Wednesday, July 6, 2016

Petroglyphs and Amphibians at Kachina Natural Bridge

Kachina Natural Bridge, from above, summertime.
Down the trail to Kachina Natural Bridge.
Natural Bridges National Monument is hot in the summertime, despite being at an elevation of 6,500 feet on the mesa top. All that bare Cedar Mesa Sandstone and little shade.

Petroglyphs and pictographs on southeast buttress of Kachina Natural Bridge.
Ancient symbols and stone tool sharpening grooves high on the southeast buttress of Kachina Bridge.
 Nevertheless I hiked once again down to Kachina Bridge. I'd heard from visitors that there were what sounded like salamander nymphs swimming about in one of the residual pools near the bridge.  I wanted to check that out myself.

NPS archaeology crew at work on Kachina Bridge.
When I got down to the Bridge, the National Park Service archaeology crew -- three of which are Hopi -- was at work. They were cleaning some modern graffiti that had accumulated on the southeast bridge abutment. Some of the graffiti was quite high -- probably put there at a time when the unpredictable flash floods had left a high sand bank that allowed people to walk up to the ledge where most of the ancient petroglyphs (figures pecked into the stone) and pictographs (painted onto the stone) exist. The symbols are prehistoric, left there by the Ancestral Puebloans long ago. And over a long period of time.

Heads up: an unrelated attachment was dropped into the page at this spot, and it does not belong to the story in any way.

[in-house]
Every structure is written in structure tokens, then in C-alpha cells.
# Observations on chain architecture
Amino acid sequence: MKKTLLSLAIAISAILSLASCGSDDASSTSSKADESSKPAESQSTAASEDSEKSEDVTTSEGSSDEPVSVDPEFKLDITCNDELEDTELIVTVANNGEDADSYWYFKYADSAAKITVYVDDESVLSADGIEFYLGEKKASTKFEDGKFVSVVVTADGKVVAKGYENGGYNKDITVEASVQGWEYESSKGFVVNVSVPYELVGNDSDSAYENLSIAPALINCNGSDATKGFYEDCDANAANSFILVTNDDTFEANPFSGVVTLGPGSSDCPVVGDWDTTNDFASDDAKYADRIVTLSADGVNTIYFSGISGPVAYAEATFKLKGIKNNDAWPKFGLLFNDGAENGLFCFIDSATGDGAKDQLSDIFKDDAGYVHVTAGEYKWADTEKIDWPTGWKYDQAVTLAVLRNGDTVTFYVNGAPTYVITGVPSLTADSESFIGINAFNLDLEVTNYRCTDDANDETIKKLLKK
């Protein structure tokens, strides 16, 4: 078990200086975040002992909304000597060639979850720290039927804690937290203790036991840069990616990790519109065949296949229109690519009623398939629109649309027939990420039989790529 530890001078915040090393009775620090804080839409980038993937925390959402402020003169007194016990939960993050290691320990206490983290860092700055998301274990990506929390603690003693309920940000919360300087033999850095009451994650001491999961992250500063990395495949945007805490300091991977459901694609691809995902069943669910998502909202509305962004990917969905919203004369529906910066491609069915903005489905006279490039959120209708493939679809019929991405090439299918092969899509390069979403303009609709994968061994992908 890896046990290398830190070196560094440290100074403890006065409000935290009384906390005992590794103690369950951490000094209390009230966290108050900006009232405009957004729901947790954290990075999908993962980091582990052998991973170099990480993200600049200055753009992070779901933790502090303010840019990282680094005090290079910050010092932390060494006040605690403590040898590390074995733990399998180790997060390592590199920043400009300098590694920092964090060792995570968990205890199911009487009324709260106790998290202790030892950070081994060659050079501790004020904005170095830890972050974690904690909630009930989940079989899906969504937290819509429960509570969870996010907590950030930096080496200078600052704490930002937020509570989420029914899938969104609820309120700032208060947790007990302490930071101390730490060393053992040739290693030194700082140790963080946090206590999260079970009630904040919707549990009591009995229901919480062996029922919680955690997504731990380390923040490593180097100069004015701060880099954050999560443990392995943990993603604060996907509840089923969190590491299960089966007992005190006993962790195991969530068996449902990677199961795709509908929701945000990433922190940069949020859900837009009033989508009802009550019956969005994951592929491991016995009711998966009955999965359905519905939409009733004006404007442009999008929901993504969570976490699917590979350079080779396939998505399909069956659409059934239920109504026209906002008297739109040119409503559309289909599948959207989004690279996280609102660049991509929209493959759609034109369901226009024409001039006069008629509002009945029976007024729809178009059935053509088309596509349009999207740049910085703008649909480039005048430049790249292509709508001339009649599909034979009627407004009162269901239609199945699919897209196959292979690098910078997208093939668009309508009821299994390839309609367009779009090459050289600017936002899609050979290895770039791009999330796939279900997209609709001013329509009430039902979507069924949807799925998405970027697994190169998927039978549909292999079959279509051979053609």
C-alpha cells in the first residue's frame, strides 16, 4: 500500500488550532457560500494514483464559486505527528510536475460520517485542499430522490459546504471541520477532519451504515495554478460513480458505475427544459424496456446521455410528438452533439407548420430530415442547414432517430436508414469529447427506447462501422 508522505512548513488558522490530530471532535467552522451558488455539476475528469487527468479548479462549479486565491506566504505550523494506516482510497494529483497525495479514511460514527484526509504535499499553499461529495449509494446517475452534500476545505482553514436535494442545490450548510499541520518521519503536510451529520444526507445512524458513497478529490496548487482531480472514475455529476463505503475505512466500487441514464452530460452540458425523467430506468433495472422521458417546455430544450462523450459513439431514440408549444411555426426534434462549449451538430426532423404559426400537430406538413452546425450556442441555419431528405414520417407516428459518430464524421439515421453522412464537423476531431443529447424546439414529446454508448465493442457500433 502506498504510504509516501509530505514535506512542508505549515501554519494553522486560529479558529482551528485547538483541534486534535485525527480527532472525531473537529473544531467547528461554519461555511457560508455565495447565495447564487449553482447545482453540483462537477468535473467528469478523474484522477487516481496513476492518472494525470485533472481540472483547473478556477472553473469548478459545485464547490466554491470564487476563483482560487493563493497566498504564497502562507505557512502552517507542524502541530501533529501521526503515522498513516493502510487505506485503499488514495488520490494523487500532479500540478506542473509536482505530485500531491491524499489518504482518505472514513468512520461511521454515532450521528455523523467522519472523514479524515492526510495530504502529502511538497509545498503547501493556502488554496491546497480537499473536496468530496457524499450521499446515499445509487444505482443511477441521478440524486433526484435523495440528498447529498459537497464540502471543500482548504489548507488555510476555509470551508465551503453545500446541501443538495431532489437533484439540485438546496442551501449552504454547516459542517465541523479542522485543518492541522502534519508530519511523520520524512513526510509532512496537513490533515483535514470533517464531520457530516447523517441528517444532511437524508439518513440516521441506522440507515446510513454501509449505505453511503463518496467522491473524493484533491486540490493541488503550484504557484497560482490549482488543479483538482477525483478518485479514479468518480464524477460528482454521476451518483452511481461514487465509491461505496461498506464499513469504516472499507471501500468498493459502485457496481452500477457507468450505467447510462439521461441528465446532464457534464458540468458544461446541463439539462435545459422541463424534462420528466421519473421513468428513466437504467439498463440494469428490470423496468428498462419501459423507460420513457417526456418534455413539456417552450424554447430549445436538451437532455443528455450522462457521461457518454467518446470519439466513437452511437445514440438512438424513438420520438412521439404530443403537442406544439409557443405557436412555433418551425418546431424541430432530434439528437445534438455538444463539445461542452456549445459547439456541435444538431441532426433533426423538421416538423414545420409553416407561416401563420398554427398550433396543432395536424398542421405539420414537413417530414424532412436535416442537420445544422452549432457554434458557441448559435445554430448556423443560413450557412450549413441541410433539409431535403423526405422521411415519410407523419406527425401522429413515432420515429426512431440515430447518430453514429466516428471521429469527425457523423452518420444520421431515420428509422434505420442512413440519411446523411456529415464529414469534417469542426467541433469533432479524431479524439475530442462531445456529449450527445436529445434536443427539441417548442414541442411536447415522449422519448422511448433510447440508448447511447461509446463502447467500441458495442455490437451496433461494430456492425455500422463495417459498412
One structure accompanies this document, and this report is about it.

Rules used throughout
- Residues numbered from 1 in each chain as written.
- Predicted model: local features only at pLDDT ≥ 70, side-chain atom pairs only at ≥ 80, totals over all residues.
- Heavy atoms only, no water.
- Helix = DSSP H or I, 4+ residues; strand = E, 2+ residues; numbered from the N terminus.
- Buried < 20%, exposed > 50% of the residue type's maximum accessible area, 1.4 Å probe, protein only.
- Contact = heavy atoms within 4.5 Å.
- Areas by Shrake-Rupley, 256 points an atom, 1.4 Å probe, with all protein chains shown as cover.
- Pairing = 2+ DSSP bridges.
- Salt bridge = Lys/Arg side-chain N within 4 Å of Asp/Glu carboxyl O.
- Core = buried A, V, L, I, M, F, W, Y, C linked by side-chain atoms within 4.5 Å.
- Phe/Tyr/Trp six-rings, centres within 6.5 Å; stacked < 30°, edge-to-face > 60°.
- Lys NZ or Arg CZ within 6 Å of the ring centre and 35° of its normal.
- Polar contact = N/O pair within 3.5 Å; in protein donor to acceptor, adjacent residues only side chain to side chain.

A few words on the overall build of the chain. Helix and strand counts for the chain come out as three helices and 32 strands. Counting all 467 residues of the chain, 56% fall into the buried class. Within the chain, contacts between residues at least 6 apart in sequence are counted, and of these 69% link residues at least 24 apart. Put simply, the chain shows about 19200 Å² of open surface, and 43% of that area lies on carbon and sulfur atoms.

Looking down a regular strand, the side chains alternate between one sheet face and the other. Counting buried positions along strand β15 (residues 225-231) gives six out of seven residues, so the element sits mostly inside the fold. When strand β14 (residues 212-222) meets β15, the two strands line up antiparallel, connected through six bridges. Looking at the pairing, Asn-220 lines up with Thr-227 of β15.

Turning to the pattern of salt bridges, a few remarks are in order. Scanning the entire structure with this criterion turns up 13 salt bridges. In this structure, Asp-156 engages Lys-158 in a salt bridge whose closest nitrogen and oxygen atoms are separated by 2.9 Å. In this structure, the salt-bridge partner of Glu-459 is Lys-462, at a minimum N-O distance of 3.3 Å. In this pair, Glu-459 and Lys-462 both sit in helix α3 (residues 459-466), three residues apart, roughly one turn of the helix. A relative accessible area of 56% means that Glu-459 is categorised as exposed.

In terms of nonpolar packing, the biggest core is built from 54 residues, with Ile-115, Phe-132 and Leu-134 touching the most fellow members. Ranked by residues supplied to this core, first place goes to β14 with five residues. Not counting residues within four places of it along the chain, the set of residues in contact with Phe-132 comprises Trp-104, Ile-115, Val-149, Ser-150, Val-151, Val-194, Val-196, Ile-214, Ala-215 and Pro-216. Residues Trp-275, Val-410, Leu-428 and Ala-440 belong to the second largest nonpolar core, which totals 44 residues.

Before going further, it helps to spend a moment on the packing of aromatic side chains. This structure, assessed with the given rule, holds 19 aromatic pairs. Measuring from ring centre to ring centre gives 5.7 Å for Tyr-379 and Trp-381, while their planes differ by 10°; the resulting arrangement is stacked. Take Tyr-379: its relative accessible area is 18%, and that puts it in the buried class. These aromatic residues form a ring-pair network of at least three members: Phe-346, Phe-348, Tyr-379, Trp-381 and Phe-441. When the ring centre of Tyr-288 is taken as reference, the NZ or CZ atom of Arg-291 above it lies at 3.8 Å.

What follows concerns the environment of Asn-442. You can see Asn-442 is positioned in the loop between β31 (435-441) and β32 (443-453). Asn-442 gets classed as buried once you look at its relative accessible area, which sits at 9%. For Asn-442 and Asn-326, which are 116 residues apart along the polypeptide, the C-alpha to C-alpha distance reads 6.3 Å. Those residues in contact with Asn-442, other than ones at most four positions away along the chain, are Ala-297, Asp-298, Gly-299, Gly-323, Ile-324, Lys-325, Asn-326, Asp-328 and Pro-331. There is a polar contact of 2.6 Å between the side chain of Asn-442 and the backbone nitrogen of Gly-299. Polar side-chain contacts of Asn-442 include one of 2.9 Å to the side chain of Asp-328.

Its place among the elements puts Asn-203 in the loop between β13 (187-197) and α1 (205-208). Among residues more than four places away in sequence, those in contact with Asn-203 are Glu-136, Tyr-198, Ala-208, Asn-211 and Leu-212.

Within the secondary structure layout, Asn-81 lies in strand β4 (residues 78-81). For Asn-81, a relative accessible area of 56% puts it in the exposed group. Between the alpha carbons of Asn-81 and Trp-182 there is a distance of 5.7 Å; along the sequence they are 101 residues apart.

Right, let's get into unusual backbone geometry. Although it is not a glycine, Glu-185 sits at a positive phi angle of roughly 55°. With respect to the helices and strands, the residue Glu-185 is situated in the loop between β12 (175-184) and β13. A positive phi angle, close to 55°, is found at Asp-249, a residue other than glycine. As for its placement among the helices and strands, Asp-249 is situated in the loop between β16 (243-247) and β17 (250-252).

Being underneath the massive natural bridge is always pleasant. Besides the ample shade, the yawning opening of the bridge usually provides a kind of breezeway effect to make it feel even more comfortable. 

After talking with the crew for a while, I went amphibian hunting. It didn't take long. The pool of water nearby the bridge -- the mouth of Armstrong Canyon where it enters White Canyon -- was still deep enough for what seem to be salamander larvae, probably Tiger Salamanders, Ambystoma tigrinum. They had twin pairs of gills on each side, long tails, and legs.

Salamander larvae in canyon pool near Kachina Natural Bridge.

Tiger Salamander larva in the canyon pool.
Then it was time for the sweaty hike back out of the canyon. Good, worthwhile exercise on a warm summer day in southeast Utah.

Photo location: Natural Bridges National Monument, San Juan County, southeast Utah.

© Copyright 2016 Stephen J. Krieg